The Verducci method is frequently a minor league season. Hence, that first 162 IP season is often even further into the future. Hence, it is the one method where the decline in second year is less pronounced. Let’s call their first 162 IP season Y1. In fact, only one of the 53 pitchers had a maximum increase after his Y1. Bronson Arroyo’s logged an up-till-then career high 179 IP in his Y1 – his first full season in the majors. The next year he jumped to 205 innings then almost 241 innings in Y1 + 2. Previous to Y1, Arroyo’s highest inning total in the Majors was 88, so Y1 is his max increase by Carroll’s method of ignoring minor league innings. His usage greatly increased the two seasons which followed. However, his max increase when you include minor league innings was two years later. That season was followed by a decrease in usage (and performance) to 211 and 200 innings. Of course, a sample of one does not make a study.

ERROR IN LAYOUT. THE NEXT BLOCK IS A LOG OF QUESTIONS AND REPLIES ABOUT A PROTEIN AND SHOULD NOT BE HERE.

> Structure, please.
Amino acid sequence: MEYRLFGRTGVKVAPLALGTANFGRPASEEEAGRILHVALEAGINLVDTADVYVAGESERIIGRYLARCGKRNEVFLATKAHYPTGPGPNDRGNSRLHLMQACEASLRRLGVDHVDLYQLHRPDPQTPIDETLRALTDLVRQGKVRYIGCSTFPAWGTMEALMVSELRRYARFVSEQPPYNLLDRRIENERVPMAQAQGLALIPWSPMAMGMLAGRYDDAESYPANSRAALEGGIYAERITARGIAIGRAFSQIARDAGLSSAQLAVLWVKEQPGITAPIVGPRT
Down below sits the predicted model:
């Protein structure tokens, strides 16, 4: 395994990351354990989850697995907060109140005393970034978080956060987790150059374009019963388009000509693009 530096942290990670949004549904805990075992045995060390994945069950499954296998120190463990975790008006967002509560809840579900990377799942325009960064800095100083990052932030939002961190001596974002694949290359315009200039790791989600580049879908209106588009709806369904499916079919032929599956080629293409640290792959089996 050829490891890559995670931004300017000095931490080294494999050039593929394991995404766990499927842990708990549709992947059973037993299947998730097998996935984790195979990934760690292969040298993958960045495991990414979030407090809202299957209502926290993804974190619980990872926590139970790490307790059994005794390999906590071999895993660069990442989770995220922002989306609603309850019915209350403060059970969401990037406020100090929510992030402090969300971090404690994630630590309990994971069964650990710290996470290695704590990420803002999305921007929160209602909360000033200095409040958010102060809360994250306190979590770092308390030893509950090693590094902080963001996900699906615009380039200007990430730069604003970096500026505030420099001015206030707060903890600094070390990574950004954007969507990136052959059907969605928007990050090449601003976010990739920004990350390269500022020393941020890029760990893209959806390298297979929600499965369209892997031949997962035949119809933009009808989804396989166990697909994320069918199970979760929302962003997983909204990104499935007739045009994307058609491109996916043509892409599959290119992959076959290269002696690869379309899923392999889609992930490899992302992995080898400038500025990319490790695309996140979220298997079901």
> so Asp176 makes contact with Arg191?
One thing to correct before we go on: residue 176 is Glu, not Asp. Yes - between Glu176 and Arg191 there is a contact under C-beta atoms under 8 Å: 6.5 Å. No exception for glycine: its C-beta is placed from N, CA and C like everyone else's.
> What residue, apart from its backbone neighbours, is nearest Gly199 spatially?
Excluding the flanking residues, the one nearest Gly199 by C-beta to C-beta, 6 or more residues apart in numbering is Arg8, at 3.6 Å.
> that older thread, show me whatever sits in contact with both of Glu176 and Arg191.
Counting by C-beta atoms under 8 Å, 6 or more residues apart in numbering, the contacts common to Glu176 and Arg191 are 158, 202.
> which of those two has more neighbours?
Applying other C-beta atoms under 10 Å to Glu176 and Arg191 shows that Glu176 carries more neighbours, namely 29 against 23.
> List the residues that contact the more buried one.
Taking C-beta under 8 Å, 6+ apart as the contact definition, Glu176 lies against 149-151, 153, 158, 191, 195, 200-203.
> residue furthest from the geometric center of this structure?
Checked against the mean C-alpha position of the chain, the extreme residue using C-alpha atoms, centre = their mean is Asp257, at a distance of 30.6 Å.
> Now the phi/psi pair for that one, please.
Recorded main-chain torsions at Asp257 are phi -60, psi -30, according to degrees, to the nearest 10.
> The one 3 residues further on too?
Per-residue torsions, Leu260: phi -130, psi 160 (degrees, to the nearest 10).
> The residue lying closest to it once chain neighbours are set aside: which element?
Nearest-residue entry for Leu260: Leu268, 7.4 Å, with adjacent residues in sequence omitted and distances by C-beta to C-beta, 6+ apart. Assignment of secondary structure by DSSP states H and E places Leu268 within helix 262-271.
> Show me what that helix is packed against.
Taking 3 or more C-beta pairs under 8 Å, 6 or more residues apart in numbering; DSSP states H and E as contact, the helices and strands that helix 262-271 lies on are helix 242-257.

By eliminating pitchers who had their largest Carroll jump before their Y1, we can, at least, compare the Carroll and Carter methods. There were nine pitchers who had their largest Carroll jump on or after their Y1 and on a different year than as measured using the Carter method. All nine did worse the year after their Carter measured jump than after the Carroll measured jump. Eight of the nine did even worse relative to Carroll’s method two years later. Combining those nine with all the others who had their max jumps after Y1 we get:

 

       pitchers w/ max jump > Y1

Abuse                                        Avg.       Avg.        Yr. +1     Yr. +2

Measuring                                 Age.      Max Ing.   Inning     Inning

Method                                    MaxAb   Increase  Increase   Increase

Carter (ignore max >3 yrs. old;  MLB level)

25.4

50

-37.8

-64.7

Carroll ( “              “ & MLB innings only)

24.5

132

-20.0

-38.7

 

At first glance these numbers are roughly in line with the normal James’ Win Share decline chart I showed earlier. This puts the entire year-after effect into question.

 

                  Age 24   Age 27   Age 30  Age 33

20 Win Shares      11%      41%       43%     14%

16 Win Shares      35%      40%       24%     23%

12 Win Shares      23%      22%        5%     32%

 8 Win Shares       6%      18%       24%     30%